Could someone provide a comparison between having a bike with a chain, with a shaft drive and with a belt drive like the Gates Carbon Drive?
It could be good to know who fares better in terms of low maintenance, durability, and efficiency.
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For fixed, single speed and hub gears belt drives are great, if slightly more expensive initially. They don't work with derailleurs.
The key difference is that as chains wear they also wear the sprockets and chainrings and therefore all need replacing if you leave it too long or don't lubricate often enough.
Belt drives are used in many applications which are harsher and less maintainable than bike drivetrains - 70k Miles @ 3000 RPM for a car cambelt should give you confidence to fit and forget a belt on a bike. Also used on big motorbikes (Harley, Yamaha, Buell) as a chain replacement.
Shaft drive is too inefficient and heavy for practical use on a bike.
I have both chain and belt drives on different bikes - they do different things but are both fit for their respective purposes. The chain needs lubricating frequently and replacing from time to time. And the belt-drive simply doesn't.
Wow, this discussion really highlights how bike cultures can differ across regions, I'll try to stay as objective as I can.
Chains require regular lubing. This might sound like a minor issue if you are a recreational biker, but for a commuter this is a potential dealbreaker. A belt will not leave grease stains and splatter on your hands and clothes if you (accidentally) touch it.
wear on chains is visible and gradual so you can replace parts that start to look old. Belts will just snap out of the blue at some point.
Another heretofore unmentioned difference - suspension and tension.
Derailleur gears and chains have a tensioner in the rear mech whereas Belt drive bikes have to have "the right tension" set in the belt.
So if your bike frame has flex from a rear suspension setup, then it cannot have any variation in effective chainstay length else a belt drive will not work.
A suspension setup with a rigid rear triangle, with the BB in the moving part could work with a drive belt.
I have an 8 speed hub, with a conventional chain, I do about 150 km pw. My chain will be useless after 8 months, and probably would need replacing after just 5 (I just don't get around to it till it's really bad). Problem is, I can't just replace the chain, the front and rear sprockets need replacing too, and the wear also damages my hub. Once you've paid for all that (including labour) the economics swing in favour of a belt drive, which I can replace myself, and it doesn't require new sprockets , which will usually outlive the belt by several times.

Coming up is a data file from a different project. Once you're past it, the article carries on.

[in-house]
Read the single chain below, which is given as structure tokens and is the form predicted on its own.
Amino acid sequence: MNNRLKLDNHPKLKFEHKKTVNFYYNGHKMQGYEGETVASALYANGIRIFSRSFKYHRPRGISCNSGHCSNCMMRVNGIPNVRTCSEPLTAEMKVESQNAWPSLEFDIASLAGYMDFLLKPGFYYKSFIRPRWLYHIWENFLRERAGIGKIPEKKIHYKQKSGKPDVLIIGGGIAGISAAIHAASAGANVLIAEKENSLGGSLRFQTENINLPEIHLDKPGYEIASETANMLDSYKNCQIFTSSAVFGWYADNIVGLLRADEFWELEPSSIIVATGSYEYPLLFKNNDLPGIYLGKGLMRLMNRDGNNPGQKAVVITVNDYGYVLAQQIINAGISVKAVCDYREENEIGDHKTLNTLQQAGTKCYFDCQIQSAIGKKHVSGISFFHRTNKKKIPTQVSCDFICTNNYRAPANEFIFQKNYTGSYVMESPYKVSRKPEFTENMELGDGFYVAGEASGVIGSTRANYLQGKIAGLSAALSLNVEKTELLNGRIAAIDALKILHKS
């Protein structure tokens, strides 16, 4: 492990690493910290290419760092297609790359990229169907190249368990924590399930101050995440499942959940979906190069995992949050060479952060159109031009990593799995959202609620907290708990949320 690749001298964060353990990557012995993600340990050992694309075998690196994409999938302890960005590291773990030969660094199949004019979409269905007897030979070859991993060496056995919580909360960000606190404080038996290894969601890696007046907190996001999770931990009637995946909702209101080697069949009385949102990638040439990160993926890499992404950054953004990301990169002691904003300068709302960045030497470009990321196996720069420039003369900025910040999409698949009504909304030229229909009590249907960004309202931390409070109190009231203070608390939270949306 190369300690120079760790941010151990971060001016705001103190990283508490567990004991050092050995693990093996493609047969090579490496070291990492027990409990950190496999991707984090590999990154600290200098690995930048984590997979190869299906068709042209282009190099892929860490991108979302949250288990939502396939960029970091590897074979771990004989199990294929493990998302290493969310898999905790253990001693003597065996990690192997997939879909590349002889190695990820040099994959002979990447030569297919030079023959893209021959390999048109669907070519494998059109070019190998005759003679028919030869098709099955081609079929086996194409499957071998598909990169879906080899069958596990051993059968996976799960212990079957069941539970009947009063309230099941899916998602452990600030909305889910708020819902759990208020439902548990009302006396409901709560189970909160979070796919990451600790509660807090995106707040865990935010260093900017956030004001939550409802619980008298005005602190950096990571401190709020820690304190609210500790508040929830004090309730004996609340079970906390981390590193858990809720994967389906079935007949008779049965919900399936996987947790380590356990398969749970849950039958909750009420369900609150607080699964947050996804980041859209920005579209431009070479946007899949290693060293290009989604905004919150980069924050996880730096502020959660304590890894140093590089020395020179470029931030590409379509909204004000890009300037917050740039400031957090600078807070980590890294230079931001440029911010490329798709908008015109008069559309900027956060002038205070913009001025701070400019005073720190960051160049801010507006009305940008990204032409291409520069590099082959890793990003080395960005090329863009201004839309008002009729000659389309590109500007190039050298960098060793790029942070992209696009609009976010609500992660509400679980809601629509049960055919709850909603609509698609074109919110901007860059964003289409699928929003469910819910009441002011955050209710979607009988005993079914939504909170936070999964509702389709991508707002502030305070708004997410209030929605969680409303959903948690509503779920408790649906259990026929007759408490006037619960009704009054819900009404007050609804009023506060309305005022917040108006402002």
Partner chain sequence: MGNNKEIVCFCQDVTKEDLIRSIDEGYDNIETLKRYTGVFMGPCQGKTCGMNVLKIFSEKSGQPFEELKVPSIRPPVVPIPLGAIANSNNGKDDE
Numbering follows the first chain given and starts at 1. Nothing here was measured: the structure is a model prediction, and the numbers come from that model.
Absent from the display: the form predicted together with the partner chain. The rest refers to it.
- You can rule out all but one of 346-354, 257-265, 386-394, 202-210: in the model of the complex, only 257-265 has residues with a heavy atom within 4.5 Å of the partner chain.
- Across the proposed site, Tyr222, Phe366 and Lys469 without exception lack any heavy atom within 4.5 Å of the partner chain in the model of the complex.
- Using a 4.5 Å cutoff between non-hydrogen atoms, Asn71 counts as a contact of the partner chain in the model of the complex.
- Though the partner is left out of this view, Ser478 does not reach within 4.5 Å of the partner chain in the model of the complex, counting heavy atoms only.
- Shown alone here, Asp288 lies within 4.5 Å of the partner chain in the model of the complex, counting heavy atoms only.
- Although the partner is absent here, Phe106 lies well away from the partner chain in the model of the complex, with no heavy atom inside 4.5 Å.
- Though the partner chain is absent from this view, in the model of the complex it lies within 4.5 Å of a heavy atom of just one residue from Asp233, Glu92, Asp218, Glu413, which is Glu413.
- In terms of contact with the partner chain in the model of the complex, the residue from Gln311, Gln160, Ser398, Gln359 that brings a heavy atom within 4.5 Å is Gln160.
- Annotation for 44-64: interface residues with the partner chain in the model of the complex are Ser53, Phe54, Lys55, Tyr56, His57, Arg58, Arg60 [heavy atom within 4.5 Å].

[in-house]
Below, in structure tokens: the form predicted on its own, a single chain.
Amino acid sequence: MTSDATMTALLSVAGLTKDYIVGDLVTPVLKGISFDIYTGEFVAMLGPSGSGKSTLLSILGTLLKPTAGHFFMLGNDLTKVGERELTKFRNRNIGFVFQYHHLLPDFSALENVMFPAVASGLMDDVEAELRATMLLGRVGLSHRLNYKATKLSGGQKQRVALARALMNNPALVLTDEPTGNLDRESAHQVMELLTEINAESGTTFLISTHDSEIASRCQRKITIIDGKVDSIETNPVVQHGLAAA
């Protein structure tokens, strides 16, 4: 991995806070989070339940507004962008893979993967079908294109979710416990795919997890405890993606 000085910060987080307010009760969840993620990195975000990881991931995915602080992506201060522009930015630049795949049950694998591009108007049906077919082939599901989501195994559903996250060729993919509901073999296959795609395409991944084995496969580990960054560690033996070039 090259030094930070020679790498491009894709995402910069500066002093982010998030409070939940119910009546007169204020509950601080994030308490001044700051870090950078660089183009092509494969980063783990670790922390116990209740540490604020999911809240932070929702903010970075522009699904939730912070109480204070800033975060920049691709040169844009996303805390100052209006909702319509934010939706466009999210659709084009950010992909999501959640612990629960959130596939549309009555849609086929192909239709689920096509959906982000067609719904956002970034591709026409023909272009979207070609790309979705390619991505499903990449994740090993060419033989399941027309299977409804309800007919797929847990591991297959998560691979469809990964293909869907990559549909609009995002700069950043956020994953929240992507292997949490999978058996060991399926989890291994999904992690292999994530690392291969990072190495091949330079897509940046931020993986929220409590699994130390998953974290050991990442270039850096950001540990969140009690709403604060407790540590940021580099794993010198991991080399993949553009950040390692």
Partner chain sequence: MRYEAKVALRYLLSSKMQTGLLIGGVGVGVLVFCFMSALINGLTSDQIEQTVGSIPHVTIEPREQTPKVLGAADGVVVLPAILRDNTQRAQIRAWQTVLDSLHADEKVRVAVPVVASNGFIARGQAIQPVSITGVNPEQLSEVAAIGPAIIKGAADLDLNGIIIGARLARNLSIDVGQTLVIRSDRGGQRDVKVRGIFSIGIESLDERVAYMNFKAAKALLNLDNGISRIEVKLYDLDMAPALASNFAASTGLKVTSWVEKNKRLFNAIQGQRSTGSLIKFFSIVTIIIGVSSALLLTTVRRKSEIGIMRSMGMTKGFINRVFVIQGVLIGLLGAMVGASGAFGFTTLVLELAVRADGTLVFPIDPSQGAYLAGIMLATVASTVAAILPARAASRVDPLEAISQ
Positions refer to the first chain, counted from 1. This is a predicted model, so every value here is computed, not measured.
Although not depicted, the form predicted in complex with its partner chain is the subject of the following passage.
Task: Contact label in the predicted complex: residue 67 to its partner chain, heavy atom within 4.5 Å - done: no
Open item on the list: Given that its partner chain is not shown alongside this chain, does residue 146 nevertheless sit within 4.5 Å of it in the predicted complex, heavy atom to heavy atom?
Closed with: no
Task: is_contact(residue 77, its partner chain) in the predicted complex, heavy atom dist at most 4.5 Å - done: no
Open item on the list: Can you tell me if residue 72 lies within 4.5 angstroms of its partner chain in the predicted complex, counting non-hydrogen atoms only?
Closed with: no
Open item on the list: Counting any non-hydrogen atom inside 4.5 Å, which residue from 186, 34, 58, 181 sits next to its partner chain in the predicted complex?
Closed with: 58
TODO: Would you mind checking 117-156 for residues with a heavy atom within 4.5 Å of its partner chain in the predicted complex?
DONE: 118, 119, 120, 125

I don't think there is a lot of difference in therm of efficiency, and there is certainly as much difference between different model of a certain type of transmission. I would say the main parameters to consider is the need gears, after that it would be a matter of taste/fanciness.
Bike radar did a pretty good article on this, which you can find here.
My personal opinion is Carbon Drives/Shaft drive are quite fancy but pretty useless. They are more expensive, require specific frames which are usually quite expensive, and their try to solve a problem that simply does not exist. With a carbon/shaft you can only run a single gear hub (maybe with internal gears, but that's not the point). A normal bike chain lasts a few years in mountain/road riding and keep in mind rear derailleurs play a huge part diminishing a chain life. On a single speed bike the chain pretty much has no wear and just lasts and lasts.
Regarding maintenance, if you live in a dry climate, the oil on the chain will last a few months, and if you constantly ride on the rain I don't believe you don't have 20 seconds per month to spray it with a good oil. Because that is all it needs.
I do have a bunch of cheap (around $150) single speed bikes with chain that have been working perfectly for a few years with once a year maintenance.
Please keep in mind this is an opinion assuming money is a conditional when searching for a new bike. i.e., I am saying that for practical purposes, when you justify them comparing features and price, chainless options are not worth it. In the same it is not "worth it" to have a Ferrari, even though I sure would love one in my garage.